The Passenger (2022) | Discussion Questions

The Passenger Cover Art1980, PASS CHRISTIAN, MISSISSIPPI: It is three in the morning when Bobby Western zips the jacket of his wetsuit and plunges from the Coast Guard tender into darkness. His divelight illuminates the sunken jet, nine bodies still buckled in their seats, hair floating, eyes devoid of speculation. Missing from the crash site are the pilot’s flightbag, the plane’s black box, and the tenth passenger. But how? A collateral witness to machinations that can only bring him harm, Western is shadowed in body and spirit—by men with badges; by the ghost of his father, inventor of the bomb that melted glass and flesh in Hiroshima; and by his sister, the love and ruin of his soul. Traversing the American South, from the garrulous barrooms of New Orleans to an abandoned oil rig off the Florida coast, The Passenger is a breathtaking novel of morality and science, the legacy of sin, and the madness that is human consciousness.

Stella Maris (2022) | Discussion Questions

Stella Maris Cover Art1972, BLACK RIVER FALLS, Alicia Western, twenty years old, with forty thousand dollars in a plastic bag, admits herself to the hospital. A doctoral candidate in mathematics at the University of Chicago, Alicia has been diagnosed with paranoid schizophrenia, and she does not want to talk about her brother, Bobby. Instead, she contemplates the nature of madness, the human insistence on one common experience of the world; she recalls a childhood where, by the age of seven, her own grandmother feared for her; she surveys the intersection of physics and philosophy; and she introduces her cohorts, her chimeras, the hallucinations that only she can see. All the while, she grieves for Bobby, not quite dead, not quite hers. Told entirely through the transcripts of Alicia’s psychiatric sessions, Stella Maris is a searching, rigorous, intellectually challenging coda to The Passenger, a philosophical inquiry that questions our notions of God, truth, and existence.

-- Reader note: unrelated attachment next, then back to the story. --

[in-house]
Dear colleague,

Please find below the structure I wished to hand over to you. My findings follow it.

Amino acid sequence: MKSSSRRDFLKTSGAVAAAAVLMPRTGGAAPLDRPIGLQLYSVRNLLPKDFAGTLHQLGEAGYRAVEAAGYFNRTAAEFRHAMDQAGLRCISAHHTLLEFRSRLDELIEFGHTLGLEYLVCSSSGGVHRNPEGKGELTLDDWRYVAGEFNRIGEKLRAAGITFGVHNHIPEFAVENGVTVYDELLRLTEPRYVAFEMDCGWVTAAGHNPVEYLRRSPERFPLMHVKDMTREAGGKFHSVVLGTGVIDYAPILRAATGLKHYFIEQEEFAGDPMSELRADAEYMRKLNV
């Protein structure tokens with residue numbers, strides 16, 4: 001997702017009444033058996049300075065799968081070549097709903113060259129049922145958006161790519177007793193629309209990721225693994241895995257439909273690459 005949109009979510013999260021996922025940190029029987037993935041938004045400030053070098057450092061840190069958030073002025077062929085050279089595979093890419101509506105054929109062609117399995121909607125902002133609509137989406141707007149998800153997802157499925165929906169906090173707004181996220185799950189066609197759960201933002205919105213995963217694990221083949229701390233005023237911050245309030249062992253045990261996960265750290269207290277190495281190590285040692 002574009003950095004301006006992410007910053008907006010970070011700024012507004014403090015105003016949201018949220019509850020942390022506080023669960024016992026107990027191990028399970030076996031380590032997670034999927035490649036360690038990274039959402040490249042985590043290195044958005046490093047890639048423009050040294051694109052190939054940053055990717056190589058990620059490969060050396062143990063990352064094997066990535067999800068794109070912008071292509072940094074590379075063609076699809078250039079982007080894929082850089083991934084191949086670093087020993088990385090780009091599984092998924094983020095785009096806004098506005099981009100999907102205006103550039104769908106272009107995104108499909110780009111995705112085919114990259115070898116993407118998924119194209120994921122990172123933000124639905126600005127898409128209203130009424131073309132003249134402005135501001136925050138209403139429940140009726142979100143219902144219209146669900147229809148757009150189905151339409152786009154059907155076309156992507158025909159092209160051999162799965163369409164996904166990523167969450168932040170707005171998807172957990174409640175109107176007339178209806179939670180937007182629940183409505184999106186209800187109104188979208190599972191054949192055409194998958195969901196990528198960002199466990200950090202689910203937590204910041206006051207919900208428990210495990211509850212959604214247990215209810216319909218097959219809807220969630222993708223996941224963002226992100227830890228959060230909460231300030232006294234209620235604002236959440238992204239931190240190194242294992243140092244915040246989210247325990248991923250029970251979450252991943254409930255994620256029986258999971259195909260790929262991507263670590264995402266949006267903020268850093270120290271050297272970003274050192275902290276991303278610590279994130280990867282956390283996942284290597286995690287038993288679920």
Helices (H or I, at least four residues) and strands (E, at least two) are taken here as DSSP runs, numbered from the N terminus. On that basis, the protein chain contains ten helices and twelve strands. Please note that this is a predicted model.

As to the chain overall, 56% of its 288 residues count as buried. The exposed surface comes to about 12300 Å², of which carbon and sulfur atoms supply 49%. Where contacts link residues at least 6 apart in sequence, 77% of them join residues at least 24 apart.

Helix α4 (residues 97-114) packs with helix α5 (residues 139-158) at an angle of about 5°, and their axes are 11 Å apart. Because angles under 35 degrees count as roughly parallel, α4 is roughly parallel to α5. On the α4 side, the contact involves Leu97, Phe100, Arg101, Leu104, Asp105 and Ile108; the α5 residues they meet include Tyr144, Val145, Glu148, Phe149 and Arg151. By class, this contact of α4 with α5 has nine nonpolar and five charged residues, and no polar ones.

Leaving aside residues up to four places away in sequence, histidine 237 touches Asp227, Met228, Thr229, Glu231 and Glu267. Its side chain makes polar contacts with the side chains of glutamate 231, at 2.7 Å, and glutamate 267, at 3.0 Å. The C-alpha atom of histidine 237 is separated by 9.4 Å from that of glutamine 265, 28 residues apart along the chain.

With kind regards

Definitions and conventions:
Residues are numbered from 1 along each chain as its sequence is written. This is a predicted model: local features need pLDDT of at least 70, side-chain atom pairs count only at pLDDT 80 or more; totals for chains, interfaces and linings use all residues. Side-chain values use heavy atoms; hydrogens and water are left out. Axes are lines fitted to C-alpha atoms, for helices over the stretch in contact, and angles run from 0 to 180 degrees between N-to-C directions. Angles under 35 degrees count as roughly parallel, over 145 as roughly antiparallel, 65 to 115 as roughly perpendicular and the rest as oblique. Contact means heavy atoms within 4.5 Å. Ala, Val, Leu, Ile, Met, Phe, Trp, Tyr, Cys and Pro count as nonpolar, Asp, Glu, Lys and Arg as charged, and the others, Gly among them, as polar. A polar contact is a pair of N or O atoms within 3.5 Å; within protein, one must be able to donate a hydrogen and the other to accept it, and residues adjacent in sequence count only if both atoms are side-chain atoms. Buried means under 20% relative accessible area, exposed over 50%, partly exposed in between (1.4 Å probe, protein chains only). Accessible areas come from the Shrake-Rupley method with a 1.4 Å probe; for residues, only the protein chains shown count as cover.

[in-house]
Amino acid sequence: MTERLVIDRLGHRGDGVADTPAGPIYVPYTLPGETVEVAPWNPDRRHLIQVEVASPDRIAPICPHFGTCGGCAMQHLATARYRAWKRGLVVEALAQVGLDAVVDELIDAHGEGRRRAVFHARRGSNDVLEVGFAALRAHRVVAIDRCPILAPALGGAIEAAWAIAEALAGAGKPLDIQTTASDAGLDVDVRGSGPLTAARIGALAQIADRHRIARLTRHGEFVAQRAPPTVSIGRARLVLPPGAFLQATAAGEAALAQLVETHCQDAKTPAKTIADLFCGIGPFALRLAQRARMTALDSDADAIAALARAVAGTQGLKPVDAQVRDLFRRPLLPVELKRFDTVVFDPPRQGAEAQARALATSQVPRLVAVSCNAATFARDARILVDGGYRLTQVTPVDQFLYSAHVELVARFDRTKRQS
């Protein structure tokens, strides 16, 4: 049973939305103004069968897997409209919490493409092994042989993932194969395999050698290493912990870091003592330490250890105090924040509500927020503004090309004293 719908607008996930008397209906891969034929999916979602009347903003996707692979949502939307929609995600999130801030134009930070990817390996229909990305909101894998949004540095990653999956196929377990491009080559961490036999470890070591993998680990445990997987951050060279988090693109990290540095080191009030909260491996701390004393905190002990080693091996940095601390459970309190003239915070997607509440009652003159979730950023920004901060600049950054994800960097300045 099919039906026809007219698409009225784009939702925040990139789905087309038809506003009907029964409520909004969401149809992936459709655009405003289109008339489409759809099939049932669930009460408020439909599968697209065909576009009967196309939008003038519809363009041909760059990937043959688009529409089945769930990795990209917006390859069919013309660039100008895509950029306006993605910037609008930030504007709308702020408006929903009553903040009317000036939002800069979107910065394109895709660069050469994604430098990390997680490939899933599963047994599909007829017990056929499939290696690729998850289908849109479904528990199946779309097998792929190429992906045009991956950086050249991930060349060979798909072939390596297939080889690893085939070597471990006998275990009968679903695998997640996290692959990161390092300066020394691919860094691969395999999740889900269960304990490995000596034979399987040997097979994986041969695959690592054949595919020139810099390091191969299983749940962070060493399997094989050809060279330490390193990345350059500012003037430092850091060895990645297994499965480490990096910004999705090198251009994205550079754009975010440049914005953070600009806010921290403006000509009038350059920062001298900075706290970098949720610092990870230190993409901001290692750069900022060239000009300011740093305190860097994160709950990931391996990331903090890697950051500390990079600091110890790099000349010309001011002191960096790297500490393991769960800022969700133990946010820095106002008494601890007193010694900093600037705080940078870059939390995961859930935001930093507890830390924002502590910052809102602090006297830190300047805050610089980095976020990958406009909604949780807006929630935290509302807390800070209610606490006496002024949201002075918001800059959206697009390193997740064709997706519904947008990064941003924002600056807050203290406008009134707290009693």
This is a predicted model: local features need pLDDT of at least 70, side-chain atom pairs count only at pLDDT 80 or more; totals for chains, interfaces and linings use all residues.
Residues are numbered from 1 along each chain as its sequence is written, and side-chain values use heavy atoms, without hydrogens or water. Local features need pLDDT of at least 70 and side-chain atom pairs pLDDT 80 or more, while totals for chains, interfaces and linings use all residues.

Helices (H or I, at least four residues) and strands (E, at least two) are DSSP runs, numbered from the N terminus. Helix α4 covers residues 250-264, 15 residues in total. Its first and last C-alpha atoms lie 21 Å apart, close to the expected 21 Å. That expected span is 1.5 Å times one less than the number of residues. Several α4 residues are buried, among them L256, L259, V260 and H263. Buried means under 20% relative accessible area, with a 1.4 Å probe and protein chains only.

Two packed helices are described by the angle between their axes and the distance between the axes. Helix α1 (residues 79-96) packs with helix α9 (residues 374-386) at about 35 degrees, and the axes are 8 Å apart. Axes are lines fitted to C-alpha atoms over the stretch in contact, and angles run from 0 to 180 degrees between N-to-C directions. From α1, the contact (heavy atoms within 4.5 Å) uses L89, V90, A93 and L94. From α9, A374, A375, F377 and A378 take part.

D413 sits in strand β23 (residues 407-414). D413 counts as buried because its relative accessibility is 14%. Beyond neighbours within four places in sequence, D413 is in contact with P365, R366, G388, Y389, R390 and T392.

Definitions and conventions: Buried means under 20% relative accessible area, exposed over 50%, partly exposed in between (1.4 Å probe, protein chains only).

A Few Notable Facts

  • McCarthy died at his home in Santa Fe on June 13, 2023, at the age of 89.
  • Stephen King said McCarthy was “maybe the greatest American novelist of my time … He was full of years and created a fine body of work, but I still mourn his passing.”[citation]
  • Socially, McCarthy had an aversion to other writers, preferring the company of scientists. [citation]
  • McCarthy did not publicly reveal his political opinions. [citation]
  • After 1958, McCarthy wrote all of his literary work and correspondence with a mechanical typewriter.
  • While his research and revision were meticulous, he did not outline his plots and instead viewed writing as a “subconscious process” which should be given space for spontaneous inspiration. [citation]


  • 1959, 1960 Ingram-Merrill awards
  • 1965 Traveling Fellowship from the American Academy of Arts and Letters
  • 1966 William Faulkner Foundation Award for notable first novel for The Orchard Keeper
  • 1969 Guggenheim Fellowship for creative writing
  • 1981 MacArthur Fellowship
  • 1992 National Book Award for Fiction and the National Book Critics Circle Award for All the Pretty Horses
  • 1996 International Dublin Literary Award longlist for The Crossing
  • 2000 International Dublin Literary Award longlist for Cities of the Plain
  • 2006 James Tait Black Memorial Prize for Fiction and Believer Book Award for The Road
  • 2007 Pulitzer Prize for Fiction for The Road
  • 2007 International Dublin Literary Award shortlist for No Country for Old Men
  • 2008 Maltese Falcon Award, Japan, for No Country for Old Men
  • 2008 Premio Ignotus for The Road
  • 2008 International Dublin Literary Award longlist for The Road
  • 2009 PEN/Saul Bellow Award for Achievement in American Fiction, for a career whose writing “possesses qualities of excellence, ambition, and scale of achievement over a sustained career which place him or her in the highest rank of American literature.”
  • 2012 Best of the James Tait Black, shortlist, The Road

See also